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Going Viral: It’s All Relative

August 6,2015

15-FPM-0029-social-blog-post_08-05-15We’ve all heard it, we’ve all said it, and we have all probably wanted it: instant gratification, overnight popularity—our 15 minutes of fame. A term that was once used to describe the spread of disease is now being used in a variety of scenarios.

People-Driven (Organic)
For a story to go viral, it’s all about connection. What makes you share a story? Either you think it is funny, sad, intriguing or even disgusting; whatever feeling you have, you care enough to spread the word. This passionate connection is what turns ordinary into extraordinary and allows for ‘virality’ to take place. What’s interesting about people-driven viral campaigns, they’re usually all organic. No one paid to get the story out there, there’s no push to meet a bottom line; it’s all human interest. Take a look at these recent people-driven ‘viral’ stories; pretty sure you’ve already seen them:

  • Sweeper Babe: A 24-year-old street sweeper named Rita Mattos from Brazil took the Internet by storm. Why? Someone considered her a unicorn, categorizing her as too pretty to be in that line of work. She appeared to be a rare find in her natural habitat, she was special enough to save and share. Her photo continued to spread across a variety of social media networks and she soon gained tens of thousands of followers. She didn’t ask for it, it just happened.
  • Cecil The Lion: A localized incident that turned into a global fiasco. Despite the story spreading like wildfire across multiple continents, celebrities like Jimmy Kimmel began to get involved, animal rights groups were up in arms and people all around the world were mourning the loss of #CecilTheLion, so much so that the hashtag was shared more than 1.5 million times in 72 hours according to the Los Angeles Times.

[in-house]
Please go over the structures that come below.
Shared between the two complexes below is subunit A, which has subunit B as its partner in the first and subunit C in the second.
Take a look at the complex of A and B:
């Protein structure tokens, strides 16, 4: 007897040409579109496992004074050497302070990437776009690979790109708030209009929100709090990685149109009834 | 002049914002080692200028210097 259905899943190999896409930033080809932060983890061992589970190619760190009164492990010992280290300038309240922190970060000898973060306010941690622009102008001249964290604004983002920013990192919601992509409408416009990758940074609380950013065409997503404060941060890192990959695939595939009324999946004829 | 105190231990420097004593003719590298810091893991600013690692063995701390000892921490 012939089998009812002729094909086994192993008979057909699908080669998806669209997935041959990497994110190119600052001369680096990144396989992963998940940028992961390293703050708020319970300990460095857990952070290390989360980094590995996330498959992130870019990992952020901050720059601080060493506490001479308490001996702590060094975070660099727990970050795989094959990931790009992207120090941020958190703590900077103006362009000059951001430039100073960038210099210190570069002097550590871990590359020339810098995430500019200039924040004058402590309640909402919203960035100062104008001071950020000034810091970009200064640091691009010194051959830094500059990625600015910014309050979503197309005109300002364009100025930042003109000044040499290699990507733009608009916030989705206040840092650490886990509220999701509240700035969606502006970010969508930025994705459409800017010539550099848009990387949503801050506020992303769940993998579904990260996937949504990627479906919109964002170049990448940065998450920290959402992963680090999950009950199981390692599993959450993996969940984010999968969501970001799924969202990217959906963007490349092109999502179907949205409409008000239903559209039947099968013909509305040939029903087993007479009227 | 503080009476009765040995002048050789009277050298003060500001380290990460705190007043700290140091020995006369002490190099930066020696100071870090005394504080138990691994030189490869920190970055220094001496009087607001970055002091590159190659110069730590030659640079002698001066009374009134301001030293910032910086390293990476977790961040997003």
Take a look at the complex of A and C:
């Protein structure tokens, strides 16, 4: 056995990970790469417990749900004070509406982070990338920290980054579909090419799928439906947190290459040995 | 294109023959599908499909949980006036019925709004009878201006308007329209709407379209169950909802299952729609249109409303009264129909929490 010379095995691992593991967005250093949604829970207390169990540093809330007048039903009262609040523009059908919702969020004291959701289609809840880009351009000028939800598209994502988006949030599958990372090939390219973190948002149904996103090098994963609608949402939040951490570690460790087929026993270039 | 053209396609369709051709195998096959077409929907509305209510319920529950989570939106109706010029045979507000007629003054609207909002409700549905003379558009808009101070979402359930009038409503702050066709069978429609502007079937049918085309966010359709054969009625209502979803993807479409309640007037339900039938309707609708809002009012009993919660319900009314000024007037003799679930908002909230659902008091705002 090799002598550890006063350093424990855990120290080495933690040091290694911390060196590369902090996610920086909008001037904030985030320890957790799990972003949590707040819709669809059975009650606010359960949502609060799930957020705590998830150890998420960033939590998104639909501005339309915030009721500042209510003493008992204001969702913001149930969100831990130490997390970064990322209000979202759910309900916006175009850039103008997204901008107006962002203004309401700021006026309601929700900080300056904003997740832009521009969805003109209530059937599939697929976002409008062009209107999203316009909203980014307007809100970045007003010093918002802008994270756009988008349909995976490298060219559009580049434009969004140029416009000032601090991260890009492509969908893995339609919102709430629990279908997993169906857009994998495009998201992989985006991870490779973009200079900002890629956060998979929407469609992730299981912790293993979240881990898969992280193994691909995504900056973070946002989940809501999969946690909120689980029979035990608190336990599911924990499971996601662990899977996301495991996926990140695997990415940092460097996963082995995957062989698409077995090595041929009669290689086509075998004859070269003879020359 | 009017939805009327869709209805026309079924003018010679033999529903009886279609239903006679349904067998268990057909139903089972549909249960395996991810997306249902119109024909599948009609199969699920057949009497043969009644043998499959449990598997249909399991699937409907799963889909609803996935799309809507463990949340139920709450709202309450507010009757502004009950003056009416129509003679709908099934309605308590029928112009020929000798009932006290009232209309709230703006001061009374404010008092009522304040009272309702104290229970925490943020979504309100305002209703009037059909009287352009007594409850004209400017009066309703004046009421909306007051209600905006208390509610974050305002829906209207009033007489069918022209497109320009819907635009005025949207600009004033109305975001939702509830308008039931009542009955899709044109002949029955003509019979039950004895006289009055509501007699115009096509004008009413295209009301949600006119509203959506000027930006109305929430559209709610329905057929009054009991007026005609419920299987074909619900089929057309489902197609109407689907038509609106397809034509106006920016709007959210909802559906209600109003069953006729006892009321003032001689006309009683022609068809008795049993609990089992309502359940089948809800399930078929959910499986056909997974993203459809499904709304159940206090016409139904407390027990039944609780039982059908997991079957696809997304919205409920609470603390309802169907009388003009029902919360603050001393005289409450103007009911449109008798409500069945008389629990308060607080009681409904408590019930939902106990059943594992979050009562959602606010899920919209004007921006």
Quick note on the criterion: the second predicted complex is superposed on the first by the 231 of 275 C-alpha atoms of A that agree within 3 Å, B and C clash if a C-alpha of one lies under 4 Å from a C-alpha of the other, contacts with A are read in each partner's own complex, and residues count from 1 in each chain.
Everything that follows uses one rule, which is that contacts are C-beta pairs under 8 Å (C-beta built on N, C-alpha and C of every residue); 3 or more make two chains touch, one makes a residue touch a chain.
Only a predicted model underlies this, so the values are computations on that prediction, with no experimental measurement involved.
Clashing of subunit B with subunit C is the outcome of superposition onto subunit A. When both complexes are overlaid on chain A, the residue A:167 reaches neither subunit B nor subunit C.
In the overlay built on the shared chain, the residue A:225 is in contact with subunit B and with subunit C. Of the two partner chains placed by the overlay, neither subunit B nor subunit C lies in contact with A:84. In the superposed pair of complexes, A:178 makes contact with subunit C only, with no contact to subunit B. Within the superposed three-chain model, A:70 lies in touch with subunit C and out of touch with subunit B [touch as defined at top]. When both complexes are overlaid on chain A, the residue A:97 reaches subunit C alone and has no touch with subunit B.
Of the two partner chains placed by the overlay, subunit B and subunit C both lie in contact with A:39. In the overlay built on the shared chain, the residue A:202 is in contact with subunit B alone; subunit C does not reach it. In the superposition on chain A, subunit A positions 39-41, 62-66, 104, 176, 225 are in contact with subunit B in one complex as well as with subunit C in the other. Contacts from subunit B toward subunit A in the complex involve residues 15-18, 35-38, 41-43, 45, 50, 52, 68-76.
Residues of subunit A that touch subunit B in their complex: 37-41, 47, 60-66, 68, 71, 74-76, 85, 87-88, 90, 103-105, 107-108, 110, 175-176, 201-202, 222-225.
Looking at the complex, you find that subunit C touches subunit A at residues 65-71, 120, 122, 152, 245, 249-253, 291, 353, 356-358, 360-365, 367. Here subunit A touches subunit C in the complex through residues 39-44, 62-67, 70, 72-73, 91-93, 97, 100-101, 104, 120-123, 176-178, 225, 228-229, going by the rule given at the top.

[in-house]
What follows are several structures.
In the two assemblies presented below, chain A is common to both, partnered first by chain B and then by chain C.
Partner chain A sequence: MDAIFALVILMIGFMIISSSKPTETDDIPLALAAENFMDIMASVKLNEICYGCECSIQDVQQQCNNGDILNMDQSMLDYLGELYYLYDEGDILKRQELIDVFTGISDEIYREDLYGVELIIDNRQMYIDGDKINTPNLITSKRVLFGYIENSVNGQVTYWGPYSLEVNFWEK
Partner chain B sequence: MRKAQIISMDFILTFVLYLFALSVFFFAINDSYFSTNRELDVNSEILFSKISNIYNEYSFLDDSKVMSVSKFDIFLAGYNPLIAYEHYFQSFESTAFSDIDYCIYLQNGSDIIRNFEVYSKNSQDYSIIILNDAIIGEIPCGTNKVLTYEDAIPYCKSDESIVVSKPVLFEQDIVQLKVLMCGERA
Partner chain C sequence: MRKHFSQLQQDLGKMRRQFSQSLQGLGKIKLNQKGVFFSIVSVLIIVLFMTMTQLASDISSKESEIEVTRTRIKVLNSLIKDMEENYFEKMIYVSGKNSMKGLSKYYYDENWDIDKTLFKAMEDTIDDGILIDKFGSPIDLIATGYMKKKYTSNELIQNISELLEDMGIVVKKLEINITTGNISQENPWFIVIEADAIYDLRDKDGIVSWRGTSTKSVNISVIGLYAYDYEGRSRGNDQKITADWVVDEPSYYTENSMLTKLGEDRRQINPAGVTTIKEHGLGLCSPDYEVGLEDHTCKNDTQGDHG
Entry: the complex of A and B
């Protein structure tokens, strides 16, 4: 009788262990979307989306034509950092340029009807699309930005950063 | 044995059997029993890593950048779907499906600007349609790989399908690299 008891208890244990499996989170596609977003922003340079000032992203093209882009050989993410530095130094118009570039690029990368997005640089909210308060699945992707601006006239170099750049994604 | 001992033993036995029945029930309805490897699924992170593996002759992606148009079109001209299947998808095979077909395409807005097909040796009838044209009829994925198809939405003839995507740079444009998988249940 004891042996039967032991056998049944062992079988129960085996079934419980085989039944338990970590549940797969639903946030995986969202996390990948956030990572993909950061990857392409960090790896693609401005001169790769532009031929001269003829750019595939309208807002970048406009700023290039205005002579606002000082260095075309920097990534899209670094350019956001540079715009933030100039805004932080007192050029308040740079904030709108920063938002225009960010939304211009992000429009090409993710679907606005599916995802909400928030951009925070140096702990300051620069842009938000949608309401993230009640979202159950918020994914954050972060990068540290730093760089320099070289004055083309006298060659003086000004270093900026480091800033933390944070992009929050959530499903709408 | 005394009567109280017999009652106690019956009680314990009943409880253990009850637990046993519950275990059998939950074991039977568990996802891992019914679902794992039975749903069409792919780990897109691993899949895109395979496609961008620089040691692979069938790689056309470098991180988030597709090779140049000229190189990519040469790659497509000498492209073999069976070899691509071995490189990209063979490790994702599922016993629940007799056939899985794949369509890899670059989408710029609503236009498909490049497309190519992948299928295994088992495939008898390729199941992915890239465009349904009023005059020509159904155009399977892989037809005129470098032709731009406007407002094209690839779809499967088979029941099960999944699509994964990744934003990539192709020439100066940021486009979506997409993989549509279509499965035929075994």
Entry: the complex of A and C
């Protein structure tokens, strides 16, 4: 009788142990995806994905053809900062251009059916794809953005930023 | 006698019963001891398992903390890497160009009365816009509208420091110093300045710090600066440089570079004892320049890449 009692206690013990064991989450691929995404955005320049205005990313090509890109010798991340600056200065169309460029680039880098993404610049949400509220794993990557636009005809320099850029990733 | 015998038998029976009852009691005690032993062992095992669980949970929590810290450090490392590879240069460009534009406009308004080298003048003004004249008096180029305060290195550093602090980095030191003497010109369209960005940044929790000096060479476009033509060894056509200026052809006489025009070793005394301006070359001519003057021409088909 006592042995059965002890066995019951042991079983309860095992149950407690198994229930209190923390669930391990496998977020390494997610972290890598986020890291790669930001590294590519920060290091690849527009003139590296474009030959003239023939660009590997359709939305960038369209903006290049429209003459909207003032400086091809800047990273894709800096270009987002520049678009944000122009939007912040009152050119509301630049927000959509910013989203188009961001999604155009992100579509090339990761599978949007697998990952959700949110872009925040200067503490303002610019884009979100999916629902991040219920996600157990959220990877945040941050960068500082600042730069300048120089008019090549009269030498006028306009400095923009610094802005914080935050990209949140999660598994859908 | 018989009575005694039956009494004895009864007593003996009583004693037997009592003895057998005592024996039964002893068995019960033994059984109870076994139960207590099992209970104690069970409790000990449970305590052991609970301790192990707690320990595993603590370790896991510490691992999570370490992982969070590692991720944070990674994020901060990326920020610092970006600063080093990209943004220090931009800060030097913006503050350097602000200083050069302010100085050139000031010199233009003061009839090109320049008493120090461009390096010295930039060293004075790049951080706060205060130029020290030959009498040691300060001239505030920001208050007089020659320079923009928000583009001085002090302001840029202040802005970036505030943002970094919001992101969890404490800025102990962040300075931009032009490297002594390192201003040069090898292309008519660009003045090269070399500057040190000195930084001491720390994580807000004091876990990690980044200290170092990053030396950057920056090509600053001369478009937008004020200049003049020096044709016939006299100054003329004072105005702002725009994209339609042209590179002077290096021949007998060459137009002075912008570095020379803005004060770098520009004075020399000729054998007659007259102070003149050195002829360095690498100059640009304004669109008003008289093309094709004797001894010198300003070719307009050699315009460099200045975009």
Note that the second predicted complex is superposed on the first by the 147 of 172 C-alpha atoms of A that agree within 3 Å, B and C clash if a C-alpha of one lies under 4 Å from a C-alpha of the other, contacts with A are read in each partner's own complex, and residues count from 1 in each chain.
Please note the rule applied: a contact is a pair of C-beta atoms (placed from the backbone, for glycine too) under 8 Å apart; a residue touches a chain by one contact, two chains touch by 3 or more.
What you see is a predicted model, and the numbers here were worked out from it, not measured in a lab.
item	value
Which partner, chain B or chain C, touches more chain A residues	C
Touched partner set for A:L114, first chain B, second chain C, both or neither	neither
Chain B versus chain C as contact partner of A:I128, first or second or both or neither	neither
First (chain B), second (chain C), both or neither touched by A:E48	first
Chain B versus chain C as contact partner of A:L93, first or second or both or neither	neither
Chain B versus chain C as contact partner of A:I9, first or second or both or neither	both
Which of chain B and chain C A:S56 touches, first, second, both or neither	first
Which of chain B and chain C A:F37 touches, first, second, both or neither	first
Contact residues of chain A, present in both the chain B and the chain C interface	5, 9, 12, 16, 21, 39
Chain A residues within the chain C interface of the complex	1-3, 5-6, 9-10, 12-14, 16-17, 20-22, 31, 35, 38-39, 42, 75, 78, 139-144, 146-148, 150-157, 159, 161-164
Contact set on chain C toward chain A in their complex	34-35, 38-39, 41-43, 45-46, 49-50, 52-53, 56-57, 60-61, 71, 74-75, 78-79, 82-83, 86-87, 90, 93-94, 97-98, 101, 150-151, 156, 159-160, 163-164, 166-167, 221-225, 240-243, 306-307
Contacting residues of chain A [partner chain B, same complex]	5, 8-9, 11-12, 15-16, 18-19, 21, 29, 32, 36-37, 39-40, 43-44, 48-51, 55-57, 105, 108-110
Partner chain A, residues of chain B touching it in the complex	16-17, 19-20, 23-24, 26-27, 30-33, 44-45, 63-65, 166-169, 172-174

Brand-Driven (Paid)
For a brand to go viral, it’s also all about connection, but more so, it’s also all about numbers. Video views, clicks, engagement, they all matter when it comes to ad performance and luckily with social media, it’s instantaneous to measure. Brands can know right away if their current campaign is going to sink or swim, or even go viral.

  • Chubbies: Known for their men’s shorts, they’ve seen recent success with their social videos, which some might call ‘shorts about shorts.’ YouTube used to be their platform of choice, but with Facebook’s video updates, a simple change to where they uploaded their videos made a world of difference. Videos that used to receive 300 views on YouTube now receive over 11,000 views on Facebook. Read more.
  • Like A Girl: A series of feminist-themed videos from P&G set out to empower girls and the rest of society to change the meaning of ‘like a girl.’ The most recent video, ‘Unstoppable’ was uploaded to YouTube about 3 weeks ago and already has over 30 million views and counting. The original installment struck gold after running during this year’s Super Bowl and now has close to 60 million views on YouTube. Despite millions of views making this campaign a success, their message is universal and connects with females and males all around the world.

What’s interesting to note is that not all brands, social networks, or ad campaigns are created equal. One million views on a video might mean success for one brand, but failure for another. Had ‘Like A Girl’ only received 11,000 views, there would probably not have been a second installment nor would they be the recipient of so many awards. Had Chubbies received over 60 million views on their social videos, well, they would probably be freaking out and scrambling to fill orders.

Know that there is no magical formula or button you can push to get something to ‘go viral.’ It’s all relative to you, your brand, and your audience. Whether you’re a person or a brand, know that the content you share has to strike a connection first before anything else can happen.

 


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Toni Teplitsky brings her left and right brain to work for the Strategy team, combining creativity and analytics in the world of social media and digital communications. When she isn’t Instagramming, tweeting or snapping, she is on her yoga mat finding a little Zen.

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